Academic journal article Insight Turkey

Religion and Regimes: Support, Separation, and Opposition

Academic journal article Insight Turkey

Religion and Regimes: Support, Separation, and Opposition

Article excerpt

Religion and Regimes: Support, Separation, and Opposition

Edited by Mehran Tamadonfar and Ted G. Jelen

Lanham, MD: Lexington Books, 2013, 288 pages, $95.00, ISBN: 9780739176108

This book is highly informative for scholars and students interested in comparative politics and religion. In its explication of how religion affects politics, or the question of the role of religion in politics, it can be seen as an excellent source. In fact, one of the distinguishing features of the book is that, in all its chapters, the authors provide a brief historical background of the countries under analysis, which is extremely helpful in understanding the case studies. This book can be used as a handbook of state-religion relations in 15 countries, in particular it is useful for those who are determined to understand how market models of public religion theory explain state-religion relations. Moreover, since the chapters are written based on sociological analyses, the model can be applied to other case studies. In fact, the primary purpose of the book is to show the validity of market models of public religions, briefly meaning that while the dominant religious traditions seek privileges in society as well as in state, minority religious groups seek autonomy from the state and advocate religious pluralism due to its less advantageous status. According to the model, in a secular nature, however, religious competitors would seek hegemony over others.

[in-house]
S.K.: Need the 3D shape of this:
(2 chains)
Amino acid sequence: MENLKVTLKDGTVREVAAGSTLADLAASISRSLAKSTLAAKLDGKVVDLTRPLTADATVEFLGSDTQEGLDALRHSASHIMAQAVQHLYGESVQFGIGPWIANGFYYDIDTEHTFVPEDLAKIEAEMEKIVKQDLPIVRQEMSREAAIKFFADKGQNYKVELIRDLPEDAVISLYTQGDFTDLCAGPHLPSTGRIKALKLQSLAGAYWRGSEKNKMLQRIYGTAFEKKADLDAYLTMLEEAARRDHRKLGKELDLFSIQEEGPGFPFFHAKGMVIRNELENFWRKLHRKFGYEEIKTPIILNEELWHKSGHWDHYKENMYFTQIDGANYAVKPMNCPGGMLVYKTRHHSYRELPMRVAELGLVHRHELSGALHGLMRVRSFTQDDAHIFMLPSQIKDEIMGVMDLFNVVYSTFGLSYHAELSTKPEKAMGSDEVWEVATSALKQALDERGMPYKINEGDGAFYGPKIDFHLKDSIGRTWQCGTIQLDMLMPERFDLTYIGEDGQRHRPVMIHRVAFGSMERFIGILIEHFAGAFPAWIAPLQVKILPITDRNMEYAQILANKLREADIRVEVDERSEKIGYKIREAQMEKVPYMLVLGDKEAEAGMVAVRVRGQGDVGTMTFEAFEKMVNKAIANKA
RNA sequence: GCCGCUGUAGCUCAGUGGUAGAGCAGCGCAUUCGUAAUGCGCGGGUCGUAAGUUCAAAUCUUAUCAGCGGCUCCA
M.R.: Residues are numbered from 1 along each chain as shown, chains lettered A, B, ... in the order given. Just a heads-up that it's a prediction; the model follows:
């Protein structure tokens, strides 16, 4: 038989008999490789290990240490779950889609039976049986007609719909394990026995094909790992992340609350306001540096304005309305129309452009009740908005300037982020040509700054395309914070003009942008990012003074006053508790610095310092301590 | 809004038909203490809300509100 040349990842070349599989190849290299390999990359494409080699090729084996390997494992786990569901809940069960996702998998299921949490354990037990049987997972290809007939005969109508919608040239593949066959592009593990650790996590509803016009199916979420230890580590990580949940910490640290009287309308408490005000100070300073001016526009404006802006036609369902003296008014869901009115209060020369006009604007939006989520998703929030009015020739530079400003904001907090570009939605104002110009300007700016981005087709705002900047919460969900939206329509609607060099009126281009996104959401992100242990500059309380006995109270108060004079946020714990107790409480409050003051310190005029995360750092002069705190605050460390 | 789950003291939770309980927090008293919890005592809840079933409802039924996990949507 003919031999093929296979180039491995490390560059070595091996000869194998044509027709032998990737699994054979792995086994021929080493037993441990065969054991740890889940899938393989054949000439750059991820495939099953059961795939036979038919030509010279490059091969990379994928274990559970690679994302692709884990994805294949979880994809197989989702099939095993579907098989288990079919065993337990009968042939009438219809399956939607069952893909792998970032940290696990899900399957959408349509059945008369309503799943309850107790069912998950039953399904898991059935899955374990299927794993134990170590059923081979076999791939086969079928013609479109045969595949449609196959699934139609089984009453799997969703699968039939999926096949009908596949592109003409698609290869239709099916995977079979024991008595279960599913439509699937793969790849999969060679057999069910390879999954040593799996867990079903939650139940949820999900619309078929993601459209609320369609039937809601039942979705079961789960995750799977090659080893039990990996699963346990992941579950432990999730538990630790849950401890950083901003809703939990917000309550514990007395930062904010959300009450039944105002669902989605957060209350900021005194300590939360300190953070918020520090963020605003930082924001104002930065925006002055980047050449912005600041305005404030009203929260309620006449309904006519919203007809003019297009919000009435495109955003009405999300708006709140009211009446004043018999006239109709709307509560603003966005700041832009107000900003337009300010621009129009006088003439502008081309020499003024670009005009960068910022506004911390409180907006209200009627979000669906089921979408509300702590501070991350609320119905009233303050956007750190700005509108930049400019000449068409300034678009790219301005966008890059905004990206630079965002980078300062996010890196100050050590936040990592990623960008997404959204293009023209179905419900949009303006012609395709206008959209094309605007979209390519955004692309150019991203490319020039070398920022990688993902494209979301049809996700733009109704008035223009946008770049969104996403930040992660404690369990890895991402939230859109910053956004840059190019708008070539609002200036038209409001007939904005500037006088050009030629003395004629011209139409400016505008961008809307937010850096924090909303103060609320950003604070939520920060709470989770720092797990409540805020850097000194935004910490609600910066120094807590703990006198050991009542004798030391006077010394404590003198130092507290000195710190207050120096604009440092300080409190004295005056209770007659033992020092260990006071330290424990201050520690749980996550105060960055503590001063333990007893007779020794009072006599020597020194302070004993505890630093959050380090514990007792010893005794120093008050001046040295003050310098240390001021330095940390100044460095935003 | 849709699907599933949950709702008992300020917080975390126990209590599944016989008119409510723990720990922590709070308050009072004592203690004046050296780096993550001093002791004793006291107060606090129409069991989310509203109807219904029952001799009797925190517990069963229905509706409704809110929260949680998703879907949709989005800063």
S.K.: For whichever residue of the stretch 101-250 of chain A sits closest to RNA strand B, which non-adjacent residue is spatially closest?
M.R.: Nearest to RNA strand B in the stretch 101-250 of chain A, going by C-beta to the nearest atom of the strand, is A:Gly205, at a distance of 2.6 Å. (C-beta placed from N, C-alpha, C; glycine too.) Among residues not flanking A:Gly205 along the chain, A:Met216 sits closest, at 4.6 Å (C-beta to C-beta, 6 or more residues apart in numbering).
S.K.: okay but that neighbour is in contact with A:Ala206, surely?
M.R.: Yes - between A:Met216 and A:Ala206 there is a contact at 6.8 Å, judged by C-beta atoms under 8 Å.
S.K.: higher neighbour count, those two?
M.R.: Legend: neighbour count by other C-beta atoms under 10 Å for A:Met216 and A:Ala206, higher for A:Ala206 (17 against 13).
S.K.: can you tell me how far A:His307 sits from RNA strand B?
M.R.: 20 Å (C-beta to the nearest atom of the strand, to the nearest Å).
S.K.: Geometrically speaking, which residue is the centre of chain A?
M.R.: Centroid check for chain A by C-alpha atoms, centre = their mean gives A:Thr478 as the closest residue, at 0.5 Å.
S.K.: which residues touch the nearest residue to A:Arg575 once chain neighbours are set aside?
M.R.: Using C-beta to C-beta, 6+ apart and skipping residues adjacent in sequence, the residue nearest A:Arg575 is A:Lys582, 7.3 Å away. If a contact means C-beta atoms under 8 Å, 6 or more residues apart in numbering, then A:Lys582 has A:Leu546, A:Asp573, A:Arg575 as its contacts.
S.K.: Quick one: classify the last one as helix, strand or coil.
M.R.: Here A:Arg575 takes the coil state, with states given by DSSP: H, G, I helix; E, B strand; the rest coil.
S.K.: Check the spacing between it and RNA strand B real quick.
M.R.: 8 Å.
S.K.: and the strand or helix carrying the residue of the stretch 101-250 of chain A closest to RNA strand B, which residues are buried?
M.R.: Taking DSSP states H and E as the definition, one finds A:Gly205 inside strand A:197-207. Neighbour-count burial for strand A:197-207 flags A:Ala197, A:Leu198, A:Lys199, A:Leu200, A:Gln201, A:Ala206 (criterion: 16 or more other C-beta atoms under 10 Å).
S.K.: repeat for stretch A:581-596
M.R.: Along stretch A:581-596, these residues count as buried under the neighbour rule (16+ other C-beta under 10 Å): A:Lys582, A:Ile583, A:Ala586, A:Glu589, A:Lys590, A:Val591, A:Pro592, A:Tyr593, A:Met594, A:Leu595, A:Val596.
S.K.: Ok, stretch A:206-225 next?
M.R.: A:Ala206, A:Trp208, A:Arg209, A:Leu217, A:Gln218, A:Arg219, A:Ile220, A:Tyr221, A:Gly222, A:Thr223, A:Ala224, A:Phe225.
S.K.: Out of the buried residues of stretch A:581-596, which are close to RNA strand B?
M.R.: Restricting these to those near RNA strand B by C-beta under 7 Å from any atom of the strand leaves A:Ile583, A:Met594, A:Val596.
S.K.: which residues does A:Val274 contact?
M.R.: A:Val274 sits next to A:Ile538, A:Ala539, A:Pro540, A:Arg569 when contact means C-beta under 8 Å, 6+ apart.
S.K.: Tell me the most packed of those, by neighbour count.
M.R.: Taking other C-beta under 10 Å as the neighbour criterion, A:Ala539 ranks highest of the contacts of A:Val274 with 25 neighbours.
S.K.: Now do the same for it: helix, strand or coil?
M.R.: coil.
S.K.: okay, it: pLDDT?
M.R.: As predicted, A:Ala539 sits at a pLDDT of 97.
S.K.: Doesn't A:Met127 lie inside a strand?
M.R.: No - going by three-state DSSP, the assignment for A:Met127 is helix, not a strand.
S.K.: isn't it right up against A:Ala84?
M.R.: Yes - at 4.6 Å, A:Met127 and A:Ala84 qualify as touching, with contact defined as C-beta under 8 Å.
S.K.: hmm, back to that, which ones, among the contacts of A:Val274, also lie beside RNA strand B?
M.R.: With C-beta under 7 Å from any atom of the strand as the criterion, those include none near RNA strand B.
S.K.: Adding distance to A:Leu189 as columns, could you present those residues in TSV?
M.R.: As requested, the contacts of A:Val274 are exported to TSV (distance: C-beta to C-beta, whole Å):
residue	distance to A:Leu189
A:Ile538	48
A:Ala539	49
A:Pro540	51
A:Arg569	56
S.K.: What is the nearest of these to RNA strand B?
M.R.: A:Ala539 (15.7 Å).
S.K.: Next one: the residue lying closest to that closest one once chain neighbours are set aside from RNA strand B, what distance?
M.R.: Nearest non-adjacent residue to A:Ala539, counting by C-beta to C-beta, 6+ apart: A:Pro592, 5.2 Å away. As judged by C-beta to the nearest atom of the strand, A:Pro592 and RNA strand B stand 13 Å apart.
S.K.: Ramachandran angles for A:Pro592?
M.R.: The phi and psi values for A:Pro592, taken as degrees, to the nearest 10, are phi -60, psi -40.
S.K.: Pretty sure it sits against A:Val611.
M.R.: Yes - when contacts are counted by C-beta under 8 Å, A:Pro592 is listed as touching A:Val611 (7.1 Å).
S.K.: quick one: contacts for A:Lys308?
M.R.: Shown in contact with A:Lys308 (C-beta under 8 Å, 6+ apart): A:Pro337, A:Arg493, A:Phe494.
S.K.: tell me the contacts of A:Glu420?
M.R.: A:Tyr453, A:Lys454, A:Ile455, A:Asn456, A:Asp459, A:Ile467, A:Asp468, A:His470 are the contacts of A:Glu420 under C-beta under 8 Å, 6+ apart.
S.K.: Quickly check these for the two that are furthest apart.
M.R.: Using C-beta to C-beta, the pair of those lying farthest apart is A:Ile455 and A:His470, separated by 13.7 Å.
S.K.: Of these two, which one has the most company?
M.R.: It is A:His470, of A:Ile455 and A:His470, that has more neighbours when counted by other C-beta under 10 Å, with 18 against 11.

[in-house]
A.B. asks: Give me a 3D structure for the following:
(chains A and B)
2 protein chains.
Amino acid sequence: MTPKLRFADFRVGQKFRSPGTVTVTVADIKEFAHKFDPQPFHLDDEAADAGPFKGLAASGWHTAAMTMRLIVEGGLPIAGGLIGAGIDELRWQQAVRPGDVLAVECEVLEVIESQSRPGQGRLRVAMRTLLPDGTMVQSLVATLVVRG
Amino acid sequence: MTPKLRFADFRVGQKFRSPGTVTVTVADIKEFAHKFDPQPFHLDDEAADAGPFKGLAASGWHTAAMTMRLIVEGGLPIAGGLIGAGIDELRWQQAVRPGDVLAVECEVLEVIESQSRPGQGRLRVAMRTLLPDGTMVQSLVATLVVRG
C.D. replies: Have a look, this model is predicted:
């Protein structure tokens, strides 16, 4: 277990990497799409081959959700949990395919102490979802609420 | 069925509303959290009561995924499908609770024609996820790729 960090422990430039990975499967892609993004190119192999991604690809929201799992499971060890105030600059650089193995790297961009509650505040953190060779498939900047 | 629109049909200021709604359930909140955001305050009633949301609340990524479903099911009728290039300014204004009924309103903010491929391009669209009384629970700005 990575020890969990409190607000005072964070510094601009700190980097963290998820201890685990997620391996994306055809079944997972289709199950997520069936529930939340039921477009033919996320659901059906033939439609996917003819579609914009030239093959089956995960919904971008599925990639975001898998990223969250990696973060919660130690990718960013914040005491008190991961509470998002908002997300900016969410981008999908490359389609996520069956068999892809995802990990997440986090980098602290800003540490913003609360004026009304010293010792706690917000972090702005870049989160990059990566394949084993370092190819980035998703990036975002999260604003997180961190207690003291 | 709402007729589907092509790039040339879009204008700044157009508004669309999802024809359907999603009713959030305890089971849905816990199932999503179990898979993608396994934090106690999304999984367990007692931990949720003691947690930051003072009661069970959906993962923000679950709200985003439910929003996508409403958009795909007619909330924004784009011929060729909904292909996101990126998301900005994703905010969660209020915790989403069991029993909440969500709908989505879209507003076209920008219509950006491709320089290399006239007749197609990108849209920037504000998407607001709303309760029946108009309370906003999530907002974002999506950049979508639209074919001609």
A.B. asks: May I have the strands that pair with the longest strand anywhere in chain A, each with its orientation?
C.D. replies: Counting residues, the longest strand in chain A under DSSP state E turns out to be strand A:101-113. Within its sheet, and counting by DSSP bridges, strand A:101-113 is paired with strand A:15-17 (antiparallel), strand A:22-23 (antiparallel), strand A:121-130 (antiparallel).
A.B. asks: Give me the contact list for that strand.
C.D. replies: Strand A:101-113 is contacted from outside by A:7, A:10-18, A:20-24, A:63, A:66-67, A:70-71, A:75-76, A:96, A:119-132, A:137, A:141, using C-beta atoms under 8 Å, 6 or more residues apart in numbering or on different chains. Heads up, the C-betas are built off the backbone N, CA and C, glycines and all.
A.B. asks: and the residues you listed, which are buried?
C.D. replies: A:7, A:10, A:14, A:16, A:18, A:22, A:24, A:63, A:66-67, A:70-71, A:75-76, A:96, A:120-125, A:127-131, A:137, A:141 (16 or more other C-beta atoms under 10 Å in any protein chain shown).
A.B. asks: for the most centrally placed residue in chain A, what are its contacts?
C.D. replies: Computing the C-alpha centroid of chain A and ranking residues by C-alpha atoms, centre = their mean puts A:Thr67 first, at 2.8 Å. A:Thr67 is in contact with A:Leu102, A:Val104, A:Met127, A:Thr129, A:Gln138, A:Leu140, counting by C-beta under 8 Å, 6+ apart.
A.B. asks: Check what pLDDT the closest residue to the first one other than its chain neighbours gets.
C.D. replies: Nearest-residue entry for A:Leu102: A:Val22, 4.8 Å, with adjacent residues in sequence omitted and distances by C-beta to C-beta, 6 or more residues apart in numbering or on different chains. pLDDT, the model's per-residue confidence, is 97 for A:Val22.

In all of the chapters, the authors discuss whether the states in question support or oppose religion, and they examine the feasibility of the separation of religion and state in the real sense. Moreover, the authors compare their cases by using different methodological approaches. For instance, they apply both quantitative and qualitative methods, and for research design, choose the most similar cases of the religion-state relation, regardless of differences in the religions themselves, or cultural, political, or geographical differences, as in their comparison of Iran and Poland (chapter ten).

Scholars who study religion in comparative politics and international relations often criticize modernization theory and argue that religion has been neglected. However, this book challenges modernization theory and suggests that religion has to be taken seriously in politics and state affairs since secularization policies have not succeeded in privatizing religion. The chapters show that governments do not ignore the religious sphere in general. Furthermore, some governments support a dominant religious tradition, while others severely oppose religions as a whole, and some tolerate religions and give them a limited space in their considerations.

The book's approach to explaining state-religion affairs is more sociological and cultural than legal or institutional. In other words, how the role of religion is defined in a constitution is not the primary concern of the authors. What is more important are the historical experiences and dominant traditions that determine the role of religion in the given states. The modest argument of the book is that the majority or plurality of religious traditions plays a crucial role in whether a state will support or oppose religion in public sphere. It shows that even if a separation of religion and state exists constitutionally, separation in the real sense does not prevail even in the most anti-clerical state. In other words, what determines state policy for or against a religion is the degree of religious influence in the society.

Regarding the book's theoretical conceptualization, Mehran Tamadonfar and Ted G. Jelen revise three market models of public religion. First, the 'Quasi-Establishment' model theorizes the condition when a dominant religious tradition seeks its privileged status in the competitive and pluralist religious market. The authors claim that the United States, India, and Brazil are examples of this model. …

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